Voices

Melissa Vida is a contributor to America writing about Central America.

 

Politics & Society Dispatches
Melissa VidaOctober 15, 2018
For years, the Polish church has been torn between supporting the government’s anti-migrant stance and adopting Pope Francis’ commitment to foreigners.
A cobblestone barricade in Managua on April 21. (CNS photo/Jorge Torres, EPA) 
Politics & Society Dispatches
Melissa VidaMay 08, 2018
The dialogue, for many students, is a way to hold the government accountable for the downward spiral of violence, which they blame on Mr. Ortega and his wife and Nicaragua’s vice-president, Rosario Murillo.
Protesters in San Salvador, El Salvador, demand that lawmakers provide water access to the poor in this July 2017 photo. (CNS photo/Jose Cabezas, Reuters)
Politics & Society Dispatches
Melissa VidaApril 06, 2018
The archbishop of San Salvador says water is “monopolized and contaminated by industries,” and there needs to be a guarantee of access for “the multitudes.”
Supporters of opposition presidential candidate Salvador Nasralla clash with military police in the Policarpo Paz Garcia neighborhood of Tegucigalpa, Honduras, on Jan. 20, 2018. Following a disputed election marred by irregularities, incumbent President Juan Orlando Hernandez was declared the victor and will be inaugurated on Jan. 27. The opposition does not recognize Hernandez's victory and are protesting against the result. (AP Photo/Fernando Antonio)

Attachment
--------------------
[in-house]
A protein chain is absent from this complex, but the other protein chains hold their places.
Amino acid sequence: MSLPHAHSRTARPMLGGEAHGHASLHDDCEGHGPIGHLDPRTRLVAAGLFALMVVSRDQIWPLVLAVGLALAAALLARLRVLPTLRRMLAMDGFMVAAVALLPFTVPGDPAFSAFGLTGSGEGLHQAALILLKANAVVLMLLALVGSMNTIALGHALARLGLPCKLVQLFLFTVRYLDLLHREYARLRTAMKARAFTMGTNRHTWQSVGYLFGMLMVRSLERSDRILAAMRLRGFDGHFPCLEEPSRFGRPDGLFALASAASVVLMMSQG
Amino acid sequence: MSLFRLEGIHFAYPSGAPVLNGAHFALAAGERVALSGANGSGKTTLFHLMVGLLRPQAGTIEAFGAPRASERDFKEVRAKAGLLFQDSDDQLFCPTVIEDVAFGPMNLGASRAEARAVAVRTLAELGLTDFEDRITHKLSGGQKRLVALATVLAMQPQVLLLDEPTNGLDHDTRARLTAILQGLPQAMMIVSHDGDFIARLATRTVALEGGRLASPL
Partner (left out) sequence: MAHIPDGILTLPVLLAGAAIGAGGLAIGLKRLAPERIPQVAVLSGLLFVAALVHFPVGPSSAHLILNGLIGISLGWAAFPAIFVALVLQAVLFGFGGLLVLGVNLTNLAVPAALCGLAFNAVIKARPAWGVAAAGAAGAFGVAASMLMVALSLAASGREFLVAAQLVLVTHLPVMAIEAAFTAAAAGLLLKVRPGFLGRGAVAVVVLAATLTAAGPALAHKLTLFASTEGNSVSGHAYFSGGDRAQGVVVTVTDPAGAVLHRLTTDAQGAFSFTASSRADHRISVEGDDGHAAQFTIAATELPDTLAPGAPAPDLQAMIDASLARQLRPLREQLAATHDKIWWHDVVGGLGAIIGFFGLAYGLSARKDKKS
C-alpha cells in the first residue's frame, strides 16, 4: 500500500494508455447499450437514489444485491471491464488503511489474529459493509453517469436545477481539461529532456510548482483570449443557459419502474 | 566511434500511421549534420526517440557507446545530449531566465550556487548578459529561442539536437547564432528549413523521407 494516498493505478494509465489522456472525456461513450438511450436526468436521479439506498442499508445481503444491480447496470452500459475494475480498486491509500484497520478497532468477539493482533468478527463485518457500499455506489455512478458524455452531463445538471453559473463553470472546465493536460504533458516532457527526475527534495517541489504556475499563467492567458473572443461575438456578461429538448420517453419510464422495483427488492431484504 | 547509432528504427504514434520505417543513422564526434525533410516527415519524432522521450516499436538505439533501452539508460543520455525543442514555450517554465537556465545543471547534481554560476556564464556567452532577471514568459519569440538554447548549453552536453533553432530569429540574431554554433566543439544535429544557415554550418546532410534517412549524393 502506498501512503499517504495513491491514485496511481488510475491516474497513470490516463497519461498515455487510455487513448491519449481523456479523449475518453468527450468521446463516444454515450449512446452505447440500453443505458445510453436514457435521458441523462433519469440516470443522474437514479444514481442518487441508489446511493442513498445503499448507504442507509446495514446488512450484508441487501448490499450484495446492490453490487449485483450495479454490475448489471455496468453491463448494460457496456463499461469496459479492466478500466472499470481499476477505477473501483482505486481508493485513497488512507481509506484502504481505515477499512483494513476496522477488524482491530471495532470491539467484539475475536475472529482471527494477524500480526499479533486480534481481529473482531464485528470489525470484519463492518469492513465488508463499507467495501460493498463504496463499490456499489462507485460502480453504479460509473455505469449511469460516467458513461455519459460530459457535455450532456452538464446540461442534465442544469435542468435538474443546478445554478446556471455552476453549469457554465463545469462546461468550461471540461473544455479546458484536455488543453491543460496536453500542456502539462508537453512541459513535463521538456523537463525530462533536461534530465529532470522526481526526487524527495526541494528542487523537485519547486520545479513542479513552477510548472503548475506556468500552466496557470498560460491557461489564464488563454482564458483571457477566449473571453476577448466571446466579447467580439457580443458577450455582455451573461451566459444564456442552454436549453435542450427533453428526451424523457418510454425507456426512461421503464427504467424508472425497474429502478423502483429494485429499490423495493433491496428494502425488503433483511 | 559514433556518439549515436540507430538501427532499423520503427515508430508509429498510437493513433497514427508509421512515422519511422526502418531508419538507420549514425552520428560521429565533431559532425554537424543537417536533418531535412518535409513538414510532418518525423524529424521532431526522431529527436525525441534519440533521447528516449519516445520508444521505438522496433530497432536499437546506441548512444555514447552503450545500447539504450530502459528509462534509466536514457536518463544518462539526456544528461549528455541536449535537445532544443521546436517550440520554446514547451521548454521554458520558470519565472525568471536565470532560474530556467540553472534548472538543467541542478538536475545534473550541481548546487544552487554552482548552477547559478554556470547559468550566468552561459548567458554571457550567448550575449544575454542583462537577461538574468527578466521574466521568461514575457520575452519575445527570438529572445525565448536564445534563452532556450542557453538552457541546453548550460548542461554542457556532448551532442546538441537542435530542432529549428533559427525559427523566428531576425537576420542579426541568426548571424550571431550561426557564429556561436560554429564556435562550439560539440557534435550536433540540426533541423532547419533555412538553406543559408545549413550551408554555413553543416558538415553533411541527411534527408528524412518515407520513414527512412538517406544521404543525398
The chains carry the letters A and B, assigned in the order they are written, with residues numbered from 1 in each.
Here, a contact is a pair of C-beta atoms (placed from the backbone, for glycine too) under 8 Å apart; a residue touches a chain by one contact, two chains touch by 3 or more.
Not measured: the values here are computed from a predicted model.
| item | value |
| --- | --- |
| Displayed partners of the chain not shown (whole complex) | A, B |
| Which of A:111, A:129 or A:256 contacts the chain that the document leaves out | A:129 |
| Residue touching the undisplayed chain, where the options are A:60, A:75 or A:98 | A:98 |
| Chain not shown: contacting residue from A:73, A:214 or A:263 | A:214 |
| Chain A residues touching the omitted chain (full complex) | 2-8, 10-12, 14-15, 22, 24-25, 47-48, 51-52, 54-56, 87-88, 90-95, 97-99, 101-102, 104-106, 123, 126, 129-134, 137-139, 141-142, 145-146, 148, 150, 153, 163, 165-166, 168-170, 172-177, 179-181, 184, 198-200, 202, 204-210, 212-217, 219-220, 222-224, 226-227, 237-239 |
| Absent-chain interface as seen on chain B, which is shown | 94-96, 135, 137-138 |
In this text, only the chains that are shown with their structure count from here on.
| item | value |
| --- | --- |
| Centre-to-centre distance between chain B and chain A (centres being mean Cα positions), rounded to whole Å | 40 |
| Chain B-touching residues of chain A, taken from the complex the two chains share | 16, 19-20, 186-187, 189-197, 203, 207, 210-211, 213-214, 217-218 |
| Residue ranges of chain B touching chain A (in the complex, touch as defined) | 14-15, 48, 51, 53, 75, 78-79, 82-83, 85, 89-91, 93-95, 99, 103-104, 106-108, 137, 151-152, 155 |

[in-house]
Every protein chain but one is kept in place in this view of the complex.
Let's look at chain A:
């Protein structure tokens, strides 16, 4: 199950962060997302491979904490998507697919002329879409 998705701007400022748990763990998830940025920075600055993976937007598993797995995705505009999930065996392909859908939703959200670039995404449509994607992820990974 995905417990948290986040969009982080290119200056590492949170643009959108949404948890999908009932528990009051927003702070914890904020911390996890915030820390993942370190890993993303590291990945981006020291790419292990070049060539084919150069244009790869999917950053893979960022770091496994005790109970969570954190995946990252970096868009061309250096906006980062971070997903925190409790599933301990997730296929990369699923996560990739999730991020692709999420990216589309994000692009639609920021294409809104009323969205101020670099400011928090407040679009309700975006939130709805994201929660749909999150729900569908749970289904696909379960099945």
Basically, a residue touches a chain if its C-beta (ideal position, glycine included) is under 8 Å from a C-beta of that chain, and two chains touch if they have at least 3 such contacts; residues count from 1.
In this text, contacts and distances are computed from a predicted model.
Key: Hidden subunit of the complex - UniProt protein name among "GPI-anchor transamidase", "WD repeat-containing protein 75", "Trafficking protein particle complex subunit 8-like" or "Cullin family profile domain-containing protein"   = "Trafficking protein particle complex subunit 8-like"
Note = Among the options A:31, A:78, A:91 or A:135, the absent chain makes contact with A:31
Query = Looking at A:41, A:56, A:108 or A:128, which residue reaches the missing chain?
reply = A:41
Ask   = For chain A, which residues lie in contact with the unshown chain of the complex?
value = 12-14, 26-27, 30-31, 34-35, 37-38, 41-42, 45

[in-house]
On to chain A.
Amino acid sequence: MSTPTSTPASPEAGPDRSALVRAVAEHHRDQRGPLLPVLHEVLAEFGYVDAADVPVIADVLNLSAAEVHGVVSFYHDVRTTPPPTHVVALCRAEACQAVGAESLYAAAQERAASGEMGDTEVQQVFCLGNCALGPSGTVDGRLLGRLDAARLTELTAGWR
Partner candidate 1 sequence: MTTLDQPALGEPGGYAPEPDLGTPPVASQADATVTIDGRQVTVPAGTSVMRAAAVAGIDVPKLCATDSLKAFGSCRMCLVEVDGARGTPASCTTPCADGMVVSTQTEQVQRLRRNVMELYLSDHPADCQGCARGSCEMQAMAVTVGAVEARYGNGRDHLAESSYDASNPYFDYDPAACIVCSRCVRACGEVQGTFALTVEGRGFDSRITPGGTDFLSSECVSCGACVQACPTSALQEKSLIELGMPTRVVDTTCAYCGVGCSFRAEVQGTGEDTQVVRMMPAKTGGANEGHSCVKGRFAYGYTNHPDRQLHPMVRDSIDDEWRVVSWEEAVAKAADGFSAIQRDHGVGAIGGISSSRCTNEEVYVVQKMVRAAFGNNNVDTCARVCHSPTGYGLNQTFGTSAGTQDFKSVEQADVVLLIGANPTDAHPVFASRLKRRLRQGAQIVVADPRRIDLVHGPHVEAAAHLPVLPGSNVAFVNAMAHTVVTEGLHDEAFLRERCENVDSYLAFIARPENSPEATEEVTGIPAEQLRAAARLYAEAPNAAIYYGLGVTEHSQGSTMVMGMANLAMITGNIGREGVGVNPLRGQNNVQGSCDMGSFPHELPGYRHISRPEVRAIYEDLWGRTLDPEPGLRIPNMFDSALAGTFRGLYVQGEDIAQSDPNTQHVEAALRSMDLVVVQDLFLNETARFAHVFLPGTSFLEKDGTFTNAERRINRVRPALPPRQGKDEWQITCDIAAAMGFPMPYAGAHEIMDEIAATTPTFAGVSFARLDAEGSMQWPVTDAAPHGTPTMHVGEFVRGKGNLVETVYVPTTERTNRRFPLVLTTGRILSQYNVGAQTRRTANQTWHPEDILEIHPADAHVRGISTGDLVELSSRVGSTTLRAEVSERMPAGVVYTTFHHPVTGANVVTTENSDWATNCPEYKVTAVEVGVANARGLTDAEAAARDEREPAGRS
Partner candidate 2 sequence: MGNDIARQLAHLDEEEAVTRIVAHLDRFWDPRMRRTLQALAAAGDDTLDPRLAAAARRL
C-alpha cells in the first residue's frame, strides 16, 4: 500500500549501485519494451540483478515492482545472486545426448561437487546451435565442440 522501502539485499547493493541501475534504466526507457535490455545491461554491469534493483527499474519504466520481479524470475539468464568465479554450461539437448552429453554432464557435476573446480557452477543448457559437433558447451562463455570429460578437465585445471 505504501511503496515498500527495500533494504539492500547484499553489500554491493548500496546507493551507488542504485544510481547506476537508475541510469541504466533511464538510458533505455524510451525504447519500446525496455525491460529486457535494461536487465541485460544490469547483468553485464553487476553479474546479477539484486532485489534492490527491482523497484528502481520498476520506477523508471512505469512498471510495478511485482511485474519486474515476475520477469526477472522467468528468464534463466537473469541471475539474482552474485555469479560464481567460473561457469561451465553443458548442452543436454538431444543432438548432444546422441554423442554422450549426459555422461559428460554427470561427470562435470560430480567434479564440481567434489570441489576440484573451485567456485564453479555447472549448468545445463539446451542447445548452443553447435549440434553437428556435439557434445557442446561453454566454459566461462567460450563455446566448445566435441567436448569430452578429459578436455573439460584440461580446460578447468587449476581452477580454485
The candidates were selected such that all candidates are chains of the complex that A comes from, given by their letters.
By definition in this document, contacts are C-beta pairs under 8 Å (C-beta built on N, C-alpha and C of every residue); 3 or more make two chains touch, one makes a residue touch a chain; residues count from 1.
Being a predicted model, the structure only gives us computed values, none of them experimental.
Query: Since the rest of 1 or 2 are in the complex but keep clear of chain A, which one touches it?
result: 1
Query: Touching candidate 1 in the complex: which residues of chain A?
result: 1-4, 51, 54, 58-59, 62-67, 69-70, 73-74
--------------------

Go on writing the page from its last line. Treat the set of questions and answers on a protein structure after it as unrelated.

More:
Politics & Society Dispatches
Melissa VidaJanuary 23, 2018
“You will see many protests during his mandate...because Honduras hasn’t fixed its age-old problems of inequality, exclusion, poor educational and health system, corruption and impunity.”
Politics & Society Dispatches
Melissa VidaNovember 14, 2017
Impunity on the Jesuit slayings in El Salvador has prevailed for nearly 30 years as many high-profile and incriminated individuals are still tied to power.
Politics & Society Dispatches
Melissa VidaAugust 14, 2017
For newly appointed Cardinal Gregorio Rosa Chávez, the time is right to revive Romero’s legacy in a country still battered by violence and poverty.